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Senior space agency scientists believe the Earth will be hit with unprecedented levels of magnetic energy from solar flares


reply to post by jcrash
 






Hmm, coincidence?


8th: As Marduk pulled out the spear from the ground, lifted him and threw him with force down on the ground world.
And while Marduk did this, ordered Ishtar the stars to broadcast a new light, invisible.

www.abovetopsecret.com...



posted on Jun, 14 2010 @ 01:58 PM
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Originally posted by Wolftotem
Sounds like a good time for a savvy high-tech inventor to come out with a magnetic surge protector to shield our electrical systems and devices.


I've dreamed of making a working magnetosphere for many years.

I've even got a good idea how it might work. But I won't make one.

We need this. Until you lose everything you can never really have anything.



posted on Jun, 14 2010 @ 02:18 PM
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Originally posted by stopthathurts
One need only go back a few years, maybe a decade to see real effects from solar storms. I forget the year but the last good sized one knocked out satellites and some earthbound electronics. That one was nowhere near as big as what they are talking about coming up. Nuclear weapons detonated in the atmosphere cause the same effect. Look up EMP,Electromagnetic Pulse.


Not at all. Nuclear EMP doesn't bear a lot of resemblance to the types of effects you get from a solar flare or CME. There are a number of components to both, but pretty much the only things they share are electron trapping in the magnetosphere and geomagnetic heave. The electron trapping causes damage to satellites by smacking high speed charged particles into the satellites, and the geomagnetic heave causes damage to long AC transmission lines by causing core saturation in transformers. EMP has a lot of other effects in addition to these. CME basically only has those two. You can't really equate the two except in those two aspects.


Rumsfeld said we "dropped" one on Baghdad at the outset of GWII. I'm not familiar with any other weapon that can do that. He called it an EMP bomb. Remember when they lost all power in the city? It wasn't due to knocking out all power generators or totally destroying the power grid physically, it was an EM pulse that fried every bit of electronic gear in the area. Kinda gives "bomb 'em back to the stone age" new meaning,huh?....or does it?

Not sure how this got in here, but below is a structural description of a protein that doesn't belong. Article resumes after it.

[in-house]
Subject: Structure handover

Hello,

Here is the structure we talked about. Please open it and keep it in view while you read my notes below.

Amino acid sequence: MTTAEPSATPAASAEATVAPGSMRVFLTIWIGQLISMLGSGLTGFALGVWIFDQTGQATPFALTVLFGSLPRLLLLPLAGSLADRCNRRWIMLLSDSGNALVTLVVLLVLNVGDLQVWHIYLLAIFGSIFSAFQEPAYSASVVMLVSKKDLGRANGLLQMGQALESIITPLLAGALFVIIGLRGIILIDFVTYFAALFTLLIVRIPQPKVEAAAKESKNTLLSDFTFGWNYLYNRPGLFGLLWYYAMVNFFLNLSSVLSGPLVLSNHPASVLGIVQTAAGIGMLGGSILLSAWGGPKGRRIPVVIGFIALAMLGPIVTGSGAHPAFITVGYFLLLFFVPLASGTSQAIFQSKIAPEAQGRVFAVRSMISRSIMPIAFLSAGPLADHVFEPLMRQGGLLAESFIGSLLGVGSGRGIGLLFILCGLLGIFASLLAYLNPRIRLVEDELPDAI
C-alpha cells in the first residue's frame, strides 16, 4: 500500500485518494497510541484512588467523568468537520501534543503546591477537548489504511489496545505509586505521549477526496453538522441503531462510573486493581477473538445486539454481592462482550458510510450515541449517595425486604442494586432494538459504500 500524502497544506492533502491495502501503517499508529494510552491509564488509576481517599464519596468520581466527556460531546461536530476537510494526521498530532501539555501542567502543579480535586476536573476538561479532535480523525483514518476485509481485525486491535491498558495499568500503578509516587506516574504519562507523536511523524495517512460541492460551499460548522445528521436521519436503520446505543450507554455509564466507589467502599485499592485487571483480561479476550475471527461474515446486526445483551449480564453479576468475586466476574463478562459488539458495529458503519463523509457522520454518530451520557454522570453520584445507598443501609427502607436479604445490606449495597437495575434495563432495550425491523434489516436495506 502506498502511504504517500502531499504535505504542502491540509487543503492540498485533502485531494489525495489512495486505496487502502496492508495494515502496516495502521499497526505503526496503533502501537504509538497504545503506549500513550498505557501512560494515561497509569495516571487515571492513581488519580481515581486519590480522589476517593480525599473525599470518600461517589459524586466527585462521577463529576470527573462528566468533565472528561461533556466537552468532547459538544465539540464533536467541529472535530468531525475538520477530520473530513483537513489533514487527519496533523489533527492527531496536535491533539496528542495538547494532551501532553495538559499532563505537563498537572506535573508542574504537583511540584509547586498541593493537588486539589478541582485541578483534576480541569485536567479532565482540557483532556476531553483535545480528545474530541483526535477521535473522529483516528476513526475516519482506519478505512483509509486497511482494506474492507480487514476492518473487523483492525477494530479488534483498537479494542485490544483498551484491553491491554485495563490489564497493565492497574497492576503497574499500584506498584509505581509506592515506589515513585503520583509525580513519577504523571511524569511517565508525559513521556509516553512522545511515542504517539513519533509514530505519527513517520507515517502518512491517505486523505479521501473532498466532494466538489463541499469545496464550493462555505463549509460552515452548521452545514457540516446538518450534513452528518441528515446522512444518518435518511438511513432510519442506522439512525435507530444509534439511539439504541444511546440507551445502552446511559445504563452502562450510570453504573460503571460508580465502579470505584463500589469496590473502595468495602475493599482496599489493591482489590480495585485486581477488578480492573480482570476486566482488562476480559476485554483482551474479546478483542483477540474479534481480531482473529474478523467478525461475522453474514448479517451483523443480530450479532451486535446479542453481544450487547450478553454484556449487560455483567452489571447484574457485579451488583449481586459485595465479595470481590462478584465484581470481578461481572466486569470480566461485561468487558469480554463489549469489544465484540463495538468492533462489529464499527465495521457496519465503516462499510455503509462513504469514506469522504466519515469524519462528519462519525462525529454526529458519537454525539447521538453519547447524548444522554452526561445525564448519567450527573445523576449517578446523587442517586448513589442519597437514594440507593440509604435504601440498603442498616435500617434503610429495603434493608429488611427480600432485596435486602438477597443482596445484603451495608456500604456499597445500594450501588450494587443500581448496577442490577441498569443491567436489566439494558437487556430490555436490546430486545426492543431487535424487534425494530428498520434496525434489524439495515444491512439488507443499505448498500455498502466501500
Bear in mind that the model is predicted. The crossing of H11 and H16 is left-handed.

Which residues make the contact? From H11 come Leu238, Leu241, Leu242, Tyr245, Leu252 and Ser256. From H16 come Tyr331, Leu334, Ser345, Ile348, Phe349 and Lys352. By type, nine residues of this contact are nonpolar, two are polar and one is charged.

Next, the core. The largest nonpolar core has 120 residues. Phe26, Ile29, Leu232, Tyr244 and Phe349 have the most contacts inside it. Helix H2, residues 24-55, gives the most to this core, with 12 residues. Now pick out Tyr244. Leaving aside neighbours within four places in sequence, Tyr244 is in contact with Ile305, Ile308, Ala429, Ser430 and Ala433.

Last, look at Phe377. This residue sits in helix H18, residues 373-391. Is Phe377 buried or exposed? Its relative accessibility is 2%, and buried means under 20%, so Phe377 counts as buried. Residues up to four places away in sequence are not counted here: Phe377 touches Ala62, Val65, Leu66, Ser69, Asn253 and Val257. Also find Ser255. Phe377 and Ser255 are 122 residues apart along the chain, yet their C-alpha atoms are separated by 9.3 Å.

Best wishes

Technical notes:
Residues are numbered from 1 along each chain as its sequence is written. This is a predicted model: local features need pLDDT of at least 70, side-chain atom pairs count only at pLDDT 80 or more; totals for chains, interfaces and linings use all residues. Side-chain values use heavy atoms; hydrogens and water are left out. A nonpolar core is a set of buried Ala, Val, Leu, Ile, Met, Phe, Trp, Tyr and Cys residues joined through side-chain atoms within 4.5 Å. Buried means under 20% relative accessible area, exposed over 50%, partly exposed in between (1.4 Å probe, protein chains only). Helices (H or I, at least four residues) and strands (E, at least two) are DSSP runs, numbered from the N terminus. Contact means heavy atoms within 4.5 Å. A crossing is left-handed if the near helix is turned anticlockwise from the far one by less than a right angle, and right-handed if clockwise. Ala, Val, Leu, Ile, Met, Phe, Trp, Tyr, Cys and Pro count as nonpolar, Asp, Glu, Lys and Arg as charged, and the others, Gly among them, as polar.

STH


Well, no, it didn't "fry every bit of electronic gear". It wasn't even an EMP weapon. Those do exist, they're not that cost effective, and they're non-nuclear. What we DID use was a rather entertaining ship-launched weapon that's a Tomahawk variant. It strews very very conductive carbon fibers behind it, causing massive shorts and line trips on every power line and substation it comes across. Very effective, and quickly reversible when you want to restore the infrastructure after the occupation.



posted on Jun, 14 2010 @ 03:39 PM
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Look up "Hyder flare" and "Carrington Event".
We're staring into a vortex of ELEs from solar, tectonic, and man-made sources.



posted on Jun, 20 2010 @ 07:12 PM
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reply to post by Bedlam
 


Well thank you very much. In my defense Rummy did call it an "EMP bomb".
STH



posted on Jun, 20 2010 @ 08:32 PM
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Originally posted by stopthathurts
reply to post by Bedlam
 


Well thank you very much. In my defense Rummy did call it an "EMP bomb".
STH


There actually IS one, we don't have a fieldable one as far as I know but they have dropped some in test. It was a big thing at certain national labs, but interest seems to have waned a bit, at least I don't see as many bid requests go by related to it. Thorn EMI used to be really off into EMP bomb design before the breakup - the Brits were the EMP weapon kings.

But these days what we DO have is the carbon fiber weapon, there was definitely a Tomahawk version which we used there, but I think there are other spinoffs for newer UAV platforms. It makes for a near-instant blackout of an enemy's electrical infrastructure, while causing minimal damage (usually) which you can then wheel in and repair and look like the good guys you are. Besides the cruise missile launched versions, we also used the BLU-114B which does the same thing, but you drop it from airplanes.

We've been working on EMP and HPM warheads for Tomahawks too. LANL and Sandia love the things, but like I say, either they've perfected it and quit developing, which is not what I've heard, or it's sort of stalled, which matches the grapevine scuttlebutt.

Depending on when Rumsfeld said it, the BLU-114B and Kit2 Tomahawk may have still been uber-classified, so he said something similar but intentionally misleading to give you the gist without giving you the details. YMMV.

edit: clarification

[edit on 20-6-2010 by Bedlam]